Every day large amounts of household and industrial waste are disposed of at landfills in Bulgaria. Meanwhile, cities and towns continue to expand and often overload local waste management systems. Unfortunately, this is now a common practice in Bulgaria. In many European countries, however, landfill of waste is reduced to zero and waste is used as an alternative fuel. The capital of Austria, Vienna, is one of the examples of how an entire city uses its non-recyclable waste for heating. Thus, the benefits of this process are multiplied: the environment is not polluted by waste disposal and harmful carbon emissions in the atmosphere are reduced by using waste as a substitute for classic fuels such as petroleum products which are an exhaustible natural resource.
But what happens to garbage in landfills is a matter we rarely think of. Waste landfilling has two major risks to both the environment and people. Firstly, greenhouse gases are emitted into the atmosphere that absorb and emit radiation. This is also the main cause of greenhouse effect and climate change. Secondly, there is soil and groundwater pollution which permanently affects the entire ecosystem around a landfill.
An alternative to waste disposal is the use of non-recyclable waste as fuel in the cement industry. Such an example in Bulgaria is Devnya Cement plant which bears the name of the city where it is located. A large quantity of waste in Varna region is destroyed in the plant which significantly reduces the waste disposal rate in the region.
Cement production involves heating raw materials in a special furnace to over 1400°C. The high temperature and the time during which the materials stay in the furnace ensure the complete desintegration of the organic compounds. Even the residual ash remains bound in the cement clinker without affecting its quality.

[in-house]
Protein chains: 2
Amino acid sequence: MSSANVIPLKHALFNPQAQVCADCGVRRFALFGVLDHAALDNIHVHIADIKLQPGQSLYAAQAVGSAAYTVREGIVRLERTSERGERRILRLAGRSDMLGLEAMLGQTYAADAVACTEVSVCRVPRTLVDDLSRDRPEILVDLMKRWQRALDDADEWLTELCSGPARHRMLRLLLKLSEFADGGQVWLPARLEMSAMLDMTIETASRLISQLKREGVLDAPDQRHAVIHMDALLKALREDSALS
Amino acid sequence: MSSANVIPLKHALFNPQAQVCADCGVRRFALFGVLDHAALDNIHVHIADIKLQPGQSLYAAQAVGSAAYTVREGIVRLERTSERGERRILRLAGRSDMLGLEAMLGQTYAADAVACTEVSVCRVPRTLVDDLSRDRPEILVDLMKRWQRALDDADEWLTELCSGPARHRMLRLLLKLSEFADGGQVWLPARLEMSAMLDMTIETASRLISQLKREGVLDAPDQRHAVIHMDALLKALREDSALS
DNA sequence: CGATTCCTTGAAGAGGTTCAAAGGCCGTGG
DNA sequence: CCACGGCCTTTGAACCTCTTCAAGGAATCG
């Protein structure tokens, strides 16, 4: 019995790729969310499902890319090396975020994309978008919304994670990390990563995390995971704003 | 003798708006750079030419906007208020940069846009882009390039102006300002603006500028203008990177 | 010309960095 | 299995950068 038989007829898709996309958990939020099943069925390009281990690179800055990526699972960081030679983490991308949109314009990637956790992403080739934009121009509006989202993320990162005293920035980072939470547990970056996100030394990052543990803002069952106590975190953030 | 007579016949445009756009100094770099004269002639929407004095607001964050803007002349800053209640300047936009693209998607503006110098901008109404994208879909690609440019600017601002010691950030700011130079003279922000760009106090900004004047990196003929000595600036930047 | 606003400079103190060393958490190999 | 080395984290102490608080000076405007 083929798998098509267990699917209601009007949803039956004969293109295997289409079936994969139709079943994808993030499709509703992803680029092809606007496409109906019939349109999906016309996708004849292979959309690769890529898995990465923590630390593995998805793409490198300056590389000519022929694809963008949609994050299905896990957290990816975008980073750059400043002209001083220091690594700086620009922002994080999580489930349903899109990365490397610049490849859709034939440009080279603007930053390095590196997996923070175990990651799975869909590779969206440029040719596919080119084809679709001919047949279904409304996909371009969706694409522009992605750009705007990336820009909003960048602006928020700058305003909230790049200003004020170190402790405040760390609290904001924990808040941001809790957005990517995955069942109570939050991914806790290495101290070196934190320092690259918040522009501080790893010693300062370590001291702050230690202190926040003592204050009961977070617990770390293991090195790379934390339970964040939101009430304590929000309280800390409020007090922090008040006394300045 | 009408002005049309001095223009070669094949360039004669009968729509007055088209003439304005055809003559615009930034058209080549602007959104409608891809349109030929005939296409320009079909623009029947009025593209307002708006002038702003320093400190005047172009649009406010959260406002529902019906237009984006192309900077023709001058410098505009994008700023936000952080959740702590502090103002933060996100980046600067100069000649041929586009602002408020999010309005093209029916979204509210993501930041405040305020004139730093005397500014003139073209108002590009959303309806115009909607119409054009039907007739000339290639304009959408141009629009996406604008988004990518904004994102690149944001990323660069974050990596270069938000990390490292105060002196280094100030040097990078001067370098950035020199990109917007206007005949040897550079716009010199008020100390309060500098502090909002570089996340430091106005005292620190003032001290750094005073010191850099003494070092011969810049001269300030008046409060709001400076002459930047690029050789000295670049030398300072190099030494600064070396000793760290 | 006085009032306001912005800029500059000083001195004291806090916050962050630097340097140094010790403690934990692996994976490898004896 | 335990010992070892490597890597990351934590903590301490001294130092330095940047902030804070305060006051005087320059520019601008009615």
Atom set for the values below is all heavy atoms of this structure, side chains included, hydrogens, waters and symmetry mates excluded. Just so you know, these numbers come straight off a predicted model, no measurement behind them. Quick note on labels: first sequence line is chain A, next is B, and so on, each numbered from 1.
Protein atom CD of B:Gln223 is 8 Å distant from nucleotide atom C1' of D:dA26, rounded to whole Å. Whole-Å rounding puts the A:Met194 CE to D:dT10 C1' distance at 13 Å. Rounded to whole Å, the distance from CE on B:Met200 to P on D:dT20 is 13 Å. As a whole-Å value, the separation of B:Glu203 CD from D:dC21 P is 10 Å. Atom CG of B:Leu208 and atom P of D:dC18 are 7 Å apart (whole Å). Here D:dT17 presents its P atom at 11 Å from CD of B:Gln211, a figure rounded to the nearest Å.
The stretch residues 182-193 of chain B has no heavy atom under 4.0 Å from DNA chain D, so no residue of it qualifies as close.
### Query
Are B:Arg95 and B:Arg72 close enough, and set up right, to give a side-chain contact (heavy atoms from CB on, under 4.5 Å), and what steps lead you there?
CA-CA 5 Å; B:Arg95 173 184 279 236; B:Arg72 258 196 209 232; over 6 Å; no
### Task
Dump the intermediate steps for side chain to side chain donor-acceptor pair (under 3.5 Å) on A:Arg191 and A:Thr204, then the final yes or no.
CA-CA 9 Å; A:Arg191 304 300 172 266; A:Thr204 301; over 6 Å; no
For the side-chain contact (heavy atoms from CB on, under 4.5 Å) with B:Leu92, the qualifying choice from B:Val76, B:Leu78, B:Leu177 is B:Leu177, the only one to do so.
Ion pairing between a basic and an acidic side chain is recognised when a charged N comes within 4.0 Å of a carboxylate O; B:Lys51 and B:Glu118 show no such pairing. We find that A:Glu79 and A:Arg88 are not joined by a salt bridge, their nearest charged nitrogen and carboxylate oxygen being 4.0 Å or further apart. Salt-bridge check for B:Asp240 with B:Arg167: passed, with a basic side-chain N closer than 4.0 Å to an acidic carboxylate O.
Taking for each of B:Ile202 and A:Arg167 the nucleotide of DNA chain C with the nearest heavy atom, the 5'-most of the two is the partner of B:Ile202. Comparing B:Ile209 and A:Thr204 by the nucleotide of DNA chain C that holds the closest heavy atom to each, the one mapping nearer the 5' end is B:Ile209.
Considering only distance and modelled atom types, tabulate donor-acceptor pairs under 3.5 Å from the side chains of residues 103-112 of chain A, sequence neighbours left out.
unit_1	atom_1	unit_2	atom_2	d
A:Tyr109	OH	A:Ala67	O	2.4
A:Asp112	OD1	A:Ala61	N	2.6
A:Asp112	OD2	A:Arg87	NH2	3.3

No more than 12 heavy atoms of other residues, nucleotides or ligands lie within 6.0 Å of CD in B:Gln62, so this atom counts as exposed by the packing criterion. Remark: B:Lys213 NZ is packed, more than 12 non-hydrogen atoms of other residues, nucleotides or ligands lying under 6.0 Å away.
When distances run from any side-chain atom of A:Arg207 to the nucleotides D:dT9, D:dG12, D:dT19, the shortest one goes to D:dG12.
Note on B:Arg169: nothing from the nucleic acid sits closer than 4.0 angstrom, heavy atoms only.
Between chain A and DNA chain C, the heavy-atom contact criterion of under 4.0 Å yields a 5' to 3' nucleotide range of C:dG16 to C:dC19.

The use of non-recyclable waste as an alternative fuel became possible after an investment of 320 million BGN in 2014 for the construction of a new production facility which helped the company receive a number of awards such as "Investor of the Year", "Building of the Year" and "Greenest Company" in the heavy industry category because of the contribution of the project to sustainable development both at the local and national levels.
Non-recyclable waste (on the picture), known as RDF (Refuse-derived fuel).
After the separation of all materials that can be processed (plastic, glass, paper, metal), the non-recyclable mass undergoes biological treatment. During this process, all organic impurities are removed such as food waste that households throw into the rubbish bin every day. The remaining part such as small packages, plastic bags, textile and wood waste are crushed and dried in special facilities. The resulting material (RDF) is an alternative fuel that is used in the cement industry without any residue.
RDF contains no organic impurities and is not dangerous for humans. The processing and transportation is strictly controlled and complies with all the requirements of the European Union.
By using RDF, Devnya Cement provides an alternative to landfilling and assists several municipalities in the country for their optimal waste management.